Hate crimes are up 15% in the City of Los Angeles so far this year, putting 2019 on track for an all-time high.
From Jan. 1 – Sept. 30, 2019, there were 252 hate crimes reported to the LAPD, compared with 219 from the same period a year earlier.
Last year set a record for hate crimes in the City of Los Angeles since at least 2010, when the LAPD first made its crime data publicly available.
Violent hate crimes, which have been on the rise in Los Angeles, also increased during the first nine months of this year.
A total of 115 violent hate crimes were reported, which is 46% of all hate crimes. Last year’s violent hate crime rate in the first nine months was 44%. There were 57 batteries, 47 aggravated assaults, five robberies, four “other assaults” and one criminal homicide reported.
There were four violent hate crimes reported against children in the first nine months of this year, including three reports of child abuse. One case involved a suspect shouting racial slurs while following a nine-year-old Hispanic child to his home.
There were 16 additional hate crimes against children in the first nine months of the year. In one case with multiple victims, a suspect threatened to kill four black students with a knife while using profanities and racial slurs at 5:30 p.m. on Sept. 13 at a local recreation center in the Rancho Park neighborhood. The LAPD arrested the suspect.
A total of 62 hate crimes against the LGBTQ+ community were also reported in the first nine months of the year. That’s nearly a quarter of all reported hate crimes.
Just over half of the 62 crimes were against gay men, a group that continues to be one of the most frequently-targeted groups both nationwide and in Los Angeles. Eleven of the gay male victims were white, nine were Hispanic, and nine were black. The other four victims had unspecified ethnicities.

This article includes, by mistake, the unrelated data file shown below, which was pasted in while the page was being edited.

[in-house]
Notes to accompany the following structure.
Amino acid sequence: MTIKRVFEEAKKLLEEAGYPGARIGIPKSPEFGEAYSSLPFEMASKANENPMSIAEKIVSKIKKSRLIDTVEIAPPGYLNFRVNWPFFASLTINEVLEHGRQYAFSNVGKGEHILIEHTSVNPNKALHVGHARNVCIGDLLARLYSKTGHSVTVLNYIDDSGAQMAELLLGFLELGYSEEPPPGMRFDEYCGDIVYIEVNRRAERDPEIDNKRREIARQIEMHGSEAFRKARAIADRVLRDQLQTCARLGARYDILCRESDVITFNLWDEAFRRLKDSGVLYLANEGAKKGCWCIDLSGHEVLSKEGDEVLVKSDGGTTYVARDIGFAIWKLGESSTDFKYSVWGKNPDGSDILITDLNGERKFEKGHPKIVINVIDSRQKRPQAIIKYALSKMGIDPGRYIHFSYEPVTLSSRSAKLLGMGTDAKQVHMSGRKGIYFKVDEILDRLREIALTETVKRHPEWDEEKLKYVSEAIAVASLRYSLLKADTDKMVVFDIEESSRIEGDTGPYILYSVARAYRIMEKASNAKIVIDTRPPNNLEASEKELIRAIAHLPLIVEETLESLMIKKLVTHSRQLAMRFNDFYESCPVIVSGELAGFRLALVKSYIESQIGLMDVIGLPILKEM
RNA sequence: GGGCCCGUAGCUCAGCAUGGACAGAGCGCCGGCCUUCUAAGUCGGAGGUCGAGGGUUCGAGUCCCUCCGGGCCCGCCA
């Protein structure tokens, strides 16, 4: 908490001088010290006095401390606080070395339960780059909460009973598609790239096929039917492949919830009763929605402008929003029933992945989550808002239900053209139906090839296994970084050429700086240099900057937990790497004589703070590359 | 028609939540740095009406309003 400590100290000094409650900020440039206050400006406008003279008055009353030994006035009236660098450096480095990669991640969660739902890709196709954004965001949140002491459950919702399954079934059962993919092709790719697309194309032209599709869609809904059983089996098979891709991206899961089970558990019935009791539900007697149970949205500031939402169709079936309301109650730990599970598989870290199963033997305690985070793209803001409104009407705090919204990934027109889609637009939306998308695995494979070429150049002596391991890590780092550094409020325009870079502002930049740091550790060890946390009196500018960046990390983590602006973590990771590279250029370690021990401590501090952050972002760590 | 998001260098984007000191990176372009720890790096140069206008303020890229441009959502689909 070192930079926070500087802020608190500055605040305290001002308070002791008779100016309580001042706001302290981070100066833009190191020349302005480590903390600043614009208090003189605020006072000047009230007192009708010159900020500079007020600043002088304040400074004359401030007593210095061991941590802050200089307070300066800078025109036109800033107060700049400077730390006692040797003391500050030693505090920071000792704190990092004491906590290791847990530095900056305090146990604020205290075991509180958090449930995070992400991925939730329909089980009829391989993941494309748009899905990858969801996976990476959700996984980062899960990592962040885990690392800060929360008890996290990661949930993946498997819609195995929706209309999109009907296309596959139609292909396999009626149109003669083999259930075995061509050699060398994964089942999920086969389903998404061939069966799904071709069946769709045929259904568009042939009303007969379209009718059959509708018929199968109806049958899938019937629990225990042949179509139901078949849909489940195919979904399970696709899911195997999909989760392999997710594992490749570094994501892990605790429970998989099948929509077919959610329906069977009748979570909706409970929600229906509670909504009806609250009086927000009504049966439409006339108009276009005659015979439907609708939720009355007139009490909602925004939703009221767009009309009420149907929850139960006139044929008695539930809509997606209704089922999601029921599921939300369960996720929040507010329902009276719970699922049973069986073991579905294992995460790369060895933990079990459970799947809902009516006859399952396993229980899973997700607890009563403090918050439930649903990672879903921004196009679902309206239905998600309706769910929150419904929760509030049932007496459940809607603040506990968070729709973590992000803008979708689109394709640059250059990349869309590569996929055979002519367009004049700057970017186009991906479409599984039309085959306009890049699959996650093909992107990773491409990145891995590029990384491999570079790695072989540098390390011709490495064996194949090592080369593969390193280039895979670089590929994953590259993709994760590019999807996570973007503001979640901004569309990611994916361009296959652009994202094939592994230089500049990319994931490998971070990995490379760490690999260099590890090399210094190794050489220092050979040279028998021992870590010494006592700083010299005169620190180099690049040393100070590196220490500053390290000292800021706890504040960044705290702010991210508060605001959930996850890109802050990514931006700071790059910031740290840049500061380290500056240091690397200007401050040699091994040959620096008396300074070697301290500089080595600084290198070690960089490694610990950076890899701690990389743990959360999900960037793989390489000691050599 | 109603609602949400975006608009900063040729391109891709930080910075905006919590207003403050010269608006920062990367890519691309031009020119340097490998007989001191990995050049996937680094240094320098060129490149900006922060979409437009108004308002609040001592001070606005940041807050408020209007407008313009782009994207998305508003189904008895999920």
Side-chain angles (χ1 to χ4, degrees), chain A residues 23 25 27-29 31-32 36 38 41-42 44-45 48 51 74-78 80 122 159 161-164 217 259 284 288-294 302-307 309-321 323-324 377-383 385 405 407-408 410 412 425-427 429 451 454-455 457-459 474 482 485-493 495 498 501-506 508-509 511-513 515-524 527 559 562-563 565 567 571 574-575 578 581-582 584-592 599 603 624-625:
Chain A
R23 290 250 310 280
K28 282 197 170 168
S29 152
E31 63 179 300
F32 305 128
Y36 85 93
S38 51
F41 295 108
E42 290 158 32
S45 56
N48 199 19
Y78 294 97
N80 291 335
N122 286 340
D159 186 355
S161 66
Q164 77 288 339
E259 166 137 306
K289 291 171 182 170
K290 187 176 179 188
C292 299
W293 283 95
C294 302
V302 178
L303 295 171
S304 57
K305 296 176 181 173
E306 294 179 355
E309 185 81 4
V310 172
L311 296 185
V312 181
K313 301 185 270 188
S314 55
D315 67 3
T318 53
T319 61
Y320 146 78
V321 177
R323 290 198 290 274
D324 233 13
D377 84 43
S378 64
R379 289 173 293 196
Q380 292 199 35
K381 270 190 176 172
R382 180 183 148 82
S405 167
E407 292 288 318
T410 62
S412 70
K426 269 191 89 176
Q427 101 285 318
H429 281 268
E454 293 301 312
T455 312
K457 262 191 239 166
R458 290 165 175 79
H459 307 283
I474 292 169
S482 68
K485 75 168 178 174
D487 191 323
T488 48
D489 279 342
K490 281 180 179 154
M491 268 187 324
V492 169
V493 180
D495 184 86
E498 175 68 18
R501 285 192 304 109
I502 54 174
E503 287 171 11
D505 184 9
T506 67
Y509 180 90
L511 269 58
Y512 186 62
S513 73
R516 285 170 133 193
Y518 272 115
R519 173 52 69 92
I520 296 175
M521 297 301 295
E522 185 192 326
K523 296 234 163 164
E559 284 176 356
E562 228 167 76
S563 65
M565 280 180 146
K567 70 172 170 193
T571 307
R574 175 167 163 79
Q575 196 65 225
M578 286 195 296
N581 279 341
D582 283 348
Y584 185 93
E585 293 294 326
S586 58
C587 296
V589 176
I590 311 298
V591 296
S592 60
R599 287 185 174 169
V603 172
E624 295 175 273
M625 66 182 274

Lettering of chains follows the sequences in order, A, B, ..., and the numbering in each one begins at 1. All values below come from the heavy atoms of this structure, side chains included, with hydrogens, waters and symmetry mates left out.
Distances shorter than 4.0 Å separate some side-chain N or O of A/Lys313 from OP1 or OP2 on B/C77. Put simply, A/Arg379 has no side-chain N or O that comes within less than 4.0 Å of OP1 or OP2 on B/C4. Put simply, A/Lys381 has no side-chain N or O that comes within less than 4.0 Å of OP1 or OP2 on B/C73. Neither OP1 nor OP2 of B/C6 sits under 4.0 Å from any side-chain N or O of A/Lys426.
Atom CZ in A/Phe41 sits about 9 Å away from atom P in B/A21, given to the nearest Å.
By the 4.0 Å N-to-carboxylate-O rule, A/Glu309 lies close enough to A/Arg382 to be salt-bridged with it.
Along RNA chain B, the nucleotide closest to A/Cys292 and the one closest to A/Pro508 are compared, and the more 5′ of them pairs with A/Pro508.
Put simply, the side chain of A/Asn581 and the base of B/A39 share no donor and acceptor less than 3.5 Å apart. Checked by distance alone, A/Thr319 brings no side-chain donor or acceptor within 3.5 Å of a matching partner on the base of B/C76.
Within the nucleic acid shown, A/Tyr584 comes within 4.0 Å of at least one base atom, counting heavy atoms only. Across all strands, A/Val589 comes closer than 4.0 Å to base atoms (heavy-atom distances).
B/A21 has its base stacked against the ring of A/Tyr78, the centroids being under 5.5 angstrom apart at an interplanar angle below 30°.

Out of the 14 anti-transgender hate crimes in the first nine months of the year, 11 of them targeted transgender women of color.
In one case we reported earlier this year, a man and a woman allegedly began shouting transphobic slurs at a group of queer people of color at 10:05 p.m. on Aug. 23 at the popular mezcal bar Las Perlas in Downtown.
Among racial and ethnic groups, Hispanic people were the most frequent victims of reported hate crimes for the first nine months of this year, with 70, followed by 62 white victims and 61 black victims. While all three ethnicities had similar proportions of violent hate crimes perpetrated against them, there were only five white victims of aggravated assault compared with 19 black victims and 22 Hispanic victims. There are more than three times as many white people as black people living in the City of Los Angeles, meaning that black people were disproportionately targeted.
How we did it: We examined publicly available LAPD data on reports of hate crimes in the City of Los Angeles. For neighborhood boundaries, we rely on the borders defined by the Los Angeles Times. Learn more about our data here.
LAPD data only reflects crimes that are reported to the department, not how many crimes actually occurred. In making our calculations, we rely on the data the LAPD makes publicly available.
The LAPD periodically updates past crime reports with new information, leading the department to recategorize past reports. We have been tracking hate crimes since Jan. 1, 2019, numbering them as the reported crime data is made public. Additionally, revised reports do not always automatically become part of the public database. But, we will keep monitoring hate crimes in the City of Los Angeles.
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